The Alabama Department of Transportation is planning for the worst but hoping for the best as they wait for congress to find a solution to the shrinking Federal Highway Trust Fund. The fund helps states to pay for transportation projects and is expected to reach dangerous levels in August if congress doesn’t take action.
In Alabama, that means the state will have to foot the bill for construction of bridges and highways as well as for repairs and expansions. With not enough money, drivers could see delays in roadwork and in their commutes.
President Barack Obama announced a new program today to help fund transportation projects. The president said the new program will help public and private sectors come up with money for construction.
That won’t be enough.
At the beginning of the fiscal year, the Federal Highway Trust Fund had 11.3 billion dollars. Right now the trust fund has less than 6.5 billion dollars, almost a 5.4 billion decrease.
It sounds like a lot of money, but the fund still has to reimburse all 50 states for thousands of projects such as ALDOT’s project called 158 extension.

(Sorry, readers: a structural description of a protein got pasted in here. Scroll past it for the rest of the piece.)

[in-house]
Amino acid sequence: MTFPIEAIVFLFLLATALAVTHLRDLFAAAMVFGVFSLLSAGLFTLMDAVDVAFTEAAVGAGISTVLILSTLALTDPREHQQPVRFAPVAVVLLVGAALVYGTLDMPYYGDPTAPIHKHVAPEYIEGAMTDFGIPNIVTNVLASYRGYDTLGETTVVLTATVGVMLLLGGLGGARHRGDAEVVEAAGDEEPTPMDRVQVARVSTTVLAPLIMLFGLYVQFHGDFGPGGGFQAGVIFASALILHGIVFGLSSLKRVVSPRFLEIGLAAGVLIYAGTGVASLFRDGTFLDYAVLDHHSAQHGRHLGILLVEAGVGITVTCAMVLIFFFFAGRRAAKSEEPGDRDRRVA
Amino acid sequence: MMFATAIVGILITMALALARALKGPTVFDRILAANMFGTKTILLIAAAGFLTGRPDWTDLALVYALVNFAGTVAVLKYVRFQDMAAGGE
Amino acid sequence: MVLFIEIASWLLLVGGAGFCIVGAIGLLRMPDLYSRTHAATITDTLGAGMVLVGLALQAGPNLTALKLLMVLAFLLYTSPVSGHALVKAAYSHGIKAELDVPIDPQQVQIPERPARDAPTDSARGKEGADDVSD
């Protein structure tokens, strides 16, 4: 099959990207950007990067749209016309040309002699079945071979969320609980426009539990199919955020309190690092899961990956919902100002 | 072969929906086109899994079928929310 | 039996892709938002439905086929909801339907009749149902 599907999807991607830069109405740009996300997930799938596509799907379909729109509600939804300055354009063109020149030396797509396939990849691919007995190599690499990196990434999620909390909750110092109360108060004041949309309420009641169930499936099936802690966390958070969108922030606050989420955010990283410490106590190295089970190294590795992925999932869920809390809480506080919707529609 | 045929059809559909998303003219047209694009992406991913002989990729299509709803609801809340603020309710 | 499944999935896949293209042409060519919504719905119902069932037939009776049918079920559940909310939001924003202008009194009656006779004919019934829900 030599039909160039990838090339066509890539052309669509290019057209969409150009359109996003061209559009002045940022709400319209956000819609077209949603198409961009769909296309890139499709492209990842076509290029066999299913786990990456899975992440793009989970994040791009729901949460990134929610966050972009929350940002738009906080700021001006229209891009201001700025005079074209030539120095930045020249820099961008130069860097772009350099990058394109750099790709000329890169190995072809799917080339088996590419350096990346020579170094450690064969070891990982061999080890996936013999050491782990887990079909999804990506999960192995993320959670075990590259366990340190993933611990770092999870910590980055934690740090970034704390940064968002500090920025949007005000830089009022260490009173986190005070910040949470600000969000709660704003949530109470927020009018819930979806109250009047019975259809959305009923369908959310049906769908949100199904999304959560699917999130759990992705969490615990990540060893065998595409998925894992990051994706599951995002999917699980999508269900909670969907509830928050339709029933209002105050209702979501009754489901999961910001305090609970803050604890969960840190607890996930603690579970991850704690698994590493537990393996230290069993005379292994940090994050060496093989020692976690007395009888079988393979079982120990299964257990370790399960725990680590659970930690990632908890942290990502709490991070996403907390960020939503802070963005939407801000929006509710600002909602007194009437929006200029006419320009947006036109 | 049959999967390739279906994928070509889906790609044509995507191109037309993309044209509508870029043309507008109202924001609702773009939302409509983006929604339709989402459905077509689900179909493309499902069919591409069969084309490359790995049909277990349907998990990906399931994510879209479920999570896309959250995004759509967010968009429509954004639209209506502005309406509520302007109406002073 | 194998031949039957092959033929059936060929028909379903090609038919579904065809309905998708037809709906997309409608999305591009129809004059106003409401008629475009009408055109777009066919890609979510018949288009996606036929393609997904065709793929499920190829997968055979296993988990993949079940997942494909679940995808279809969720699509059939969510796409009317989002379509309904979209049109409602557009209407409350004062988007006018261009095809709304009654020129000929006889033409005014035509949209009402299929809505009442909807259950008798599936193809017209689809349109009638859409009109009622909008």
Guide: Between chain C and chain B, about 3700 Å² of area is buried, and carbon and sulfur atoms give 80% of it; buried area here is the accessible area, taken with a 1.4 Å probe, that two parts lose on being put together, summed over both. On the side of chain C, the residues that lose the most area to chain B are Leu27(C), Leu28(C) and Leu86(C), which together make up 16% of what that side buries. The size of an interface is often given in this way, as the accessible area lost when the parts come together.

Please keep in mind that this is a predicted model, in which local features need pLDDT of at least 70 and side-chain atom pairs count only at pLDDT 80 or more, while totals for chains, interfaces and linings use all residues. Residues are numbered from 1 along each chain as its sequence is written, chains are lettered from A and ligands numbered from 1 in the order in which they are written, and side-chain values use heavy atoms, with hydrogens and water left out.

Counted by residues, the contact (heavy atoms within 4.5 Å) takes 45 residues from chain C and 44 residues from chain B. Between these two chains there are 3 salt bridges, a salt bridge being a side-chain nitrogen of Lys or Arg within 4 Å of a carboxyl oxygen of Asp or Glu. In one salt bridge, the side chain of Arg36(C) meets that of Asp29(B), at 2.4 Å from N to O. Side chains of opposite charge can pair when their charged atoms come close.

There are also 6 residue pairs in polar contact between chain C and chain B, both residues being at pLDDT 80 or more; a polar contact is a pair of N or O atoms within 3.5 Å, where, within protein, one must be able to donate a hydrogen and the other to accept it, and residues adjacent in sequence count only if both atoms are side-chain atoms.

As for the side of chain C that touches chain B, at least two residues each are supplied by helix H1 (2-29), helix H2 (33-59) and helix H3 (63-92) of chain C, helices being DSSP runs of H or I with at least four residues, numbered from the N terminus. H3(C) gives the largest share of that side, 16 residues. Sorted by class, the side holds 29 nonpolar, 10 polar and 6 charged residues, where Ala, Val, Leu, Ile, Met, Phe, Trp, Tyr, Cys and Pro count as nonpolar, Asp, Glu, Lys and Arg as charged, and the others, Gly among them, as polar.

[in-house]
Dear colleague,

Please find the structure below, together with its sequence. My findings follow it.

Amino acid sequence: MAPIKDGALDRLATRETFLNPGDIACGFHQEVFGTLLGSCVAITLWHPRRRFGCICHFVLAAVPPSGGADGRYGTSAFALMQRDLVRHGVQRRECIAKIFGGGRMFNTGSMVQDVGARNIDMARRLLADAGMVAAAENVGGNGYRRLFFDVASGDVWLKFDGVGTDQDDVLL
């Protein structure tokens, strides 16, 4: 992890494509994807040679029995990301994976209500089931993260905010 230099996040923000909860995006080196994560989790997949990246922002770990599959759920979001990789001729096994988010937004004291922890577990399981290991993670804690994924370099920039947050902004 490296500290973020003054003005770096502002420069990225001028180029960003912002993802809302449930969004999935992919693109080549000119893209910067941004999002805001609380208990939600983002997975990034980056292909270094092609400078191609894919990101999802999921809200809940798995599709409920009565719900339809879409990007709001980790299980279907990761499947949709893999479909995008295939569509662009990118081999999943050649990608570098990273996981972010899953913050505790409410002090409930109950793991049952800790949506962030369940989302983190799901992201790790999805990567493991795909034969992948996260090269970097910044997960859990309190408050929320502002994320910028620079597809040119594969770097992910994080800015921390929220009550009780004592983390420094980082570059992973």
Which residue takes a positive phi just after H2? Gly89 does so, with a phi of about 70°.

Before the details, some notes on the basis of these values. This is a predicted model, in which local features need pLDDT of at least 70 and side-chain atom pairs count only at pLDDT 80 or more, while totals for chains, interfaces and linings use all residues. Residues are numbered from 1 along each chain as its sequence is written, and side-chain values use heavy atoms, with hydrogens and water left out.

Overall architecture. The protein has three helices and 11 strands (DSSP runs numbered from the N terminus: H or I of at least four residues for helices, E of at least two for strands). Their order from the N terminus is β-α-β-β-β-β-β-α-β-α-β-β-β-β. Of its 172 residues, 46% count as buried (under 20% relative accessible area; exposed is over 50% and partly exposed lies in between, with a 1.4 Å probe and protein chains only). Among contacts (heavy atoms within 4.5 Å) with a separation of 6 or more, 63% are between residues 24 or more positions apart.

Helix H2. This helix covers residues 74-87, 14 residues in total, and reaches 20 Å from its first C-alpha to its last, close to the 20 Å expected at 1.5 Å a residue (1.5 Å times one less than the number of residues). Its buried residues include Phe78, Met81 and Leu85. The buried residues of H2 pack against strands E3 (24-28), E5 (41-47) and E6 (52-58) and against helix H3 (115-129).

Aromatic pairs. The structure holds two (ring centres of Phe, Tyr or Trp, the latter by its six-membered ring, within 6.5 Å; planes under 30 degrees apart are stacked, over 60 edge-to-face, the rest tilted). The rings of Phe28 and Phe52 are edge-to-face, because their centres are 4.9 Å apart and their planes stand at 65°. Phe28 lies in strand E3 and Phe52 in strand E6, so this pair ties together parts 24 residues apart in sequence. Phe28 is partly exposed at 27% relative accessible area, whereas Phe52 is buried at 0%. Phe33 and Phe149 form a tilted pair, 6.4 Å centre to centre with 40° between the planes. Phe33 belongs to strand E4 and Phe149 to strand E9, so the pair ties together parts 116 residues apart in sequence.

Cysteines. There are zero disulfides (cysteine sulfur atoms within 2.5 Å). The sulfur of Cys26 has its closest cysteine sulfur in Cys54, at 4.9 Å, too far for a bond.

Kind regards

ALDOT has been waiting four years to continue work on a project called the 158 extension. It’s an unfinished highway meant to relieve congestion on highway 98, a road known for it’s high traffic deaths.
Currently the 158 extension is a four lane facility that has been a dead end for years.
Part of the problem is planning, the other part is funding. Engineers at ALDOT hope to have the plan approved by the beginning of next year, but without funding, they can’t go any farther.
The Federal Highway Trust Fund reimburses the state for 80 percent of qualifying projects such as the 158 extension. If, come August 1st, congress doesn’t act, the fund can only reimburse states for a smaller percent.
Tony Harris, the Bureau Chief of ALDOT in Montgomery says the state can only foot the bill for so long.
“Initially and at least for a short period of time, we can continue to manage our ongoing projects in the face of prorated funds,” Harris said.
If congress delays too long, though, the state will run out of transportation funding and cease dozens of construction projects.
“In the fall we may see it necessary to slow down or even stop awarding new projects if there’s not some corrective action in Washington,” Harris said.